Skinny Water Porky Pike by walleye pro John Kolinski.

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Skinny water, porky pike

By JOHN KOLINSKI

Northern pike have a knack for getting an anglerís attention.
Sometimes, they stop your heart by rising unexpectedly from the depths for an
audacious attack. Sometimes, they test your heart by looking you right in the eye before sliding back into the shadows.
Sometimes, they break your heart when their sheer size and strength make them
too much to handle on rod and reel.
These tempestuous torpedos can get your attention through the ice, too,
especially late in the season when they congregate in shallow sloughs and
backwaters off main river channels to gorge themselves before the spawn.
Most of our Midwestern river systems harbor strong populations of pike with
more trophy potential than a lot of anglers realize. Those paddle-sized
predators haunt the deeper recesses of the main channels and backwaters
year-round, but only a few are caught.
John Kolinski with a huge norethern pike
Late February and early March draws them into areas where they are
accessible, abundant, and cooperative.
Pike typically spawn when the water temperature begins to climb past the
40-degree mark. They are random spawners that scatter their eggs over
decaying aquatic vegetation in shallow water with little or no current.
More importantly, these pike move into those shallow sloughs and backwater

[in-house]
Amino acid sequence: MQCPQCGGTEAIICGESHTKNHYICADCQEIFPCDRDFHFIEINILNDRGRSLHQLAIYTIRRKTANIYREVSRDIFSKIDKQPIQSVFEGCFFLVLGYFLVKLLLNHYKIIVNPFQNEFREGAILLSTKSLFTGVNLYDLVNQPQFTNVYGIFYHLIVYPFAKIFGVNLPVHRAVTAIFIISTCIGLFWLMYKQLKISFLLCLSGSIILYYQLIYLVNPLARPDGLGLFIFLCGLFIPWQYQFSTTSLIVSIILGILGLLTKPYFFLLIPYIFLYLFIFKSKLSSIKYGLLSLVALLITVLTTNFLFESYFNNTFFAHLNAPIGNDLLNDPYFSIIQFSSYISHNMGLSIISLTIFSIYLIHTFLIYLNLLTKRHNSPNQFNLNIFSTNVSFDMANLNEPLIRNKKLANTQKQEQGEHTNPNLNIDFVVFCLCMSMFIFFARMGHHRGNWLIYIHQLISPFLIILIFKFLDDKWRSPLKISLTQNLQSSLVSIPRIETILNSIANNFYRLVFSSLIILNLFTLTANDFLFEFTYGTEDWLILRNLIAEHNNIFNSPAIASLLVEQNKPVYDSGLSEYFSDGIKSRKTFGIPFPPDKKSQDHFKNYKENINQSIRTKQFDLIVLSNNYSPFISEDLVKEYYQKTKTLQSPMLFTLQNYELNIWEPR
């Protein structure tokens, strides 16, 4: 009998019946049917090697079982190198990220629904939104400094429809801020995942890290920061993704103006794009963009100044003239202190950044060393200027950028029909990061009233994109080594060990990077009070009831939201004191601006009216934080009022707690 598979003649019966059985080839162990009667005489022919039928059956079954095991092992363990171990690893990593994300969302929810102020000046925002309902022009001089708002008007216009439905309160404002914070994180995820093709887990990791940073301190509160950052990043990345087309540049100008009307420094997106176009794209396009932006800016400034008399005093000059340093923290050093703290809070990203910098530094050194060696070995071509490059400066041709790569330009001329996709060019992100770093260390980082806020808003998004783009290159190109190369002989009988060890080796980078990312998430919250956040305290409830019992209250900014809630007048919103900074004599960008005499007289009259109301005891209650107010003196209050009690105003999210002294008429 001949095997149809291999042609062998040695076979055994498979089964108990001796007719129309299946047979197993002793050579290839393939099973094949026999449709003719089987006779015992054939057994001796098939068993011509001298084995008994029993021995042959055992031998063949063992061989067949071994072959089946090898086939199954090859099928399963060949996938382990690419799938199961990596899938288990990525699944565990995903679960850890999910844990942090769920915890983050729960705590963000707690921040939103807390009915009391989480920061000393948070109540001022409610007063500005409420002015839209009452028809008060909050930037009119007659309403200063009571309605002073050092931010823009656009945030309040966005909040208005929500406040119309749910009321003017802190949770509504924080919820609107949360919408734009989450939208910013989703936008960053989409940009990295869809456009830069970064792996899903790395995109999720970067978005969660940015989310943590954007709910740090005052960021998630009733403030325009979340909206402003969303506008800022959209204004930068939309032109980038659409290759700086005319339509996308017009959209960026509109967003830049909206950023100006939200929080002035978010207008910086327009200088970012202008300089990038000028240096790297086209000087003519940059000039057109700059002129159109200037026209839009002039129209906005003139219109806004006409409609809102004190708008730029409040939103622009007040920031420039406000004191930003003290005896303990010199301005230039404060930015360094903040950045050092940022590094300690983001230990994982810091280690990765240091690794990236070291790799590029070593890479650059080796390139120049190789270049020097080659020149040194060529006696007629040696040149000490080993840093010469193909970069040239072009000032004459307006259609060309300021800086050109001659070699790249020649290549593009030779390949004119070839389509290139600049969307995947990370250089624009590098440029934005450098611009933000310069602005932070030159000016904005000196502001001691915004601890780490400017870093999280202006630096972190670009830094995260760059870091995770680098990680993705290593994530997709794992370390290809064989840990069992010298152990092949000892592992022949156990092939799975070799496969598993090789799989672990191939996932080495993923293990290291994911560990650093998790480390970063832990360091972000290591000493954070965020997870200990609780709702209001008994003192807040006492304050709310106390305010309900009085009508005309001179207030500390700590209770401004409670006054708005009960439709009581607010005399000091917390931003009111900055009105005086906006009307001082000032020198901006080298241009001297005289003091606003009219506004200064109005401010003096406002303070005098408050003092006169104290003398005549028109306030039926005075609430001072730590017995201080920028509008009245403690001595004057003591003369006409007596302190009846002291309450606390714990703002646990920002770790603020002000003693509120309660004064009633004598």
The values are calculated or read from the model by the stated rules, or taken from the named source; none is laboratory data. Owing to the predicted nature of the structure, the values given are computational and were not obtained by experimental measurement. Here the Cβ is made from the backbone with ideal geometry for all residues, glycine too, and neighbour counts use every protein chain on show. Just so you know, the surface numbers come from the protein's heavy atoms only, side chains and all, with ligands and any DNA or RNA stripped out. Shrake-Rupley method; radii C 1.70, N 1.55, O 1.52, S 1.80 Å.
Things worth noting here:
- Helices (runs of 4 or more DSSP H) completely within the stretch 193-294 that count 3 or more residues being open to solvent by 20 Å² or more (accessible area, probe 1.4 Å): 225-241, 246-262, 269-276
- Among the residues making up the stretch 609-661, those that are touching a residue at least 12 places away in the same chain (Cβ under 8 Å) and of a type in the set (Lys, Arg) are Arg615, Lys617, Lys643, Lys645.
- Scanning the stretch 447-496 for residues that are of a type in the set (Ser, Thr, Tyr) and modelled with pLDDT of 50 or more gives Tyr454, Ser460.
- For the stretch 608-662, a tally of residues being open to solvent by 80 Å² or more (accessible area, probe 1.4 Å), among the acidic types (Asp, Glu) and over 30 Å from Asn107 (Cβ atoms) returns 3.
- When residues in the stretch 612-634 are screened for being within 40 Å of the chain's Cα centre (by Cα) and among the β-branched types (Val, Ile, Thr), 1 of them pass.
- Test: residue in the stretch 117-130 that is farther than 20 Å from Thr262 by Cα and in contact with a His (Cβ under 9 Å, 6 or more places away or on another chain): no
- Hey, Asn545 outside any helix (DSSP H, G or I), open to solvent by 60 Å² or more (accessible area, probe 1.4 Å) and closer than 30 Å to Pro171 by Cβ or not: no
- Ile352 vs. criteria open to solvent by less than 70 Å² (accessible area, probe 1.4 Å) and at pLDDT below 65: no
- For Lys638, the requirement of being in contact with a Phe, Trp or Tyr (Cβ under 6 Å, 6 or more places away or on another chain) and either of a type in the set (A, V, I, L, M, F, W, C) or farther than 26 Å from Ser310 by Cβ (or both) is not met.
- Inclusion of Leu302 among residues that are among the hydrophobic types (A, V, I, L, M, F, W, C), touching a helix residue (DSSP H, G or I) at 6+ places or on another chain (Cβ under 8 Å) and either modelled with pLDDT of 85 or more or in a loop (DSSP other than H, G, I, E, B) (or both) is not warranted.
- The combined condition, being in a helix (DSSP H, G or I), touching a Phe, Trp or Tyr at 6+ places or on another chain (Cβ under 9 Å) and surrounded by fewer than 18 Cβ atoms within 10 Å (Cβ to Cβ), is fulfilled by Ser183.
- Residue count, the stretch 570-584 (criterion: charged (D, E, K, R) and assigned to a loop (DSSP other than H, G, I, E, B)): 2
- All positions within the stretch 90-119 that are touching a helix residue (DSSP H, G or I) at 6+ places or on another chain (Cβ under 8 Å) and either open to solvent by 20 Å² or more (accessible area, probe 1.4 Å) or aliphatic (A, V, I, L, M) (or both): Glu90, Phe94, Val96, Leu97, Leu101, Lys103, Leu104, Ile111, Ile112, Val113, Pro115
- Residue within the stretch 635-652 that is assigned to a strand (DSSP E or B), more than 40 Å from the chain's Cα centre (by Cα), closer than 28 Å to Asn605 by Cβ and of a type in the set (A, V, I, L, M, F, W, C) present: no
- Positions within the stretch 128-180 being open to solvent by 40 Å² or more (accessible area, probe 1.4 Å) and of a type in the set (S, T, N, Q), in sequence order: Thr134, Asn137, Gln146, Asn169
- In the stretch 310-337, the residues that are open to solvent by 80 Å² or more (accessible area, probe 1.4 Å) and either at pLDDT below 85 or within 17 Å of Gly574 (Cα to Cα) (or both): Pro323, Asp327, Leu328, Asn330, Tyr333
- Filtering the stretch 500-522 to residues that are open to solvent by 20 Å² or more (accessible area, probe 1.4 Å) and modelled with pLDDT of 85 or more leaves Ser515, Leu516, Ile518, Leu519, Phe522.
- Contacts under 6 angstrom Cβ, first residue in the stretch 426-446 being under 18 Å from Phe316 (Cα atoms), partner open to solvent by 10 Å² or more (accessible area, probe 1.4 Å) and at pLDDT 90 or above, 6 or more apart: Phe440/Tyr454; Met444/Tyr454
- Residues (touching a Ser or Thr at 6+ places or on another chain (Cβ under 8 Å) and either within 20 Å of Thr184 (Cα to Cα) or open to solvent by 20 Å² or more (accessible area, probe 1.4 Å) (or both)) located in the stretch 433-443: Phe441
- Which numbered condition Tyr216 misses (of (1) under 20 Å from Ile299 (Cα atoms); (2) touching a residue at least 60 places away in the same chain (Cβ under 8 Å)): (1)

ponds (two to five feet deep) before the ice breaks up, and they feed heavily
as they prepare for the spawning ritual. Theyíre easy to catch, if not always
easy to land.
If your timing is right, the action can be steady for some of the biggest
pike in the system.
The males tend to move into these areas first. If youíre catching them, rest
assured the bigger females arenít far behind.
One thing to remember when pursuing these fish is that conditions are seldom
the same from year to year, or even from day to day, in a river system.
Changes in water levels affect the areas these pike will haunt. Last yearís
hot slough may not be the place to fish this year. Access from the main
channel is a key characteristic. While pike and the fish they like to eat
(suckers, chubs, shiners, etc.) donít need much water depth to get into these
sloughs, they donít want to risk being trapped.
The good news is that it usually doesnít take long to determine whether a
slough or backwater is holding pike. These areas are typically small enough
to be sampled quickly, and the fish are usually aggressive enough to let you
know if theyíre present.
The quality of the ice is another important consideration. What was safe one
day may not be so safe a day or two later if the river suddenly rises or
falls.
Tip-ups are the most effective tools for catching these giants. Spread as
many as you can around an area depending on the regulations in your state.
Make sure to place them at least 30-40 feet apart. It will help you cover the
area thoroughly, but it will also help avoid the problems that can occur when
a 15-pound pike realizes itís hooked.
High-quality, heavyweight line and wire leaders are a must. Without the
benefit of a fishing rod to help wear down the fish, your line needs to be
strong enough to allow you to do battle hand-to-hand with the confidence to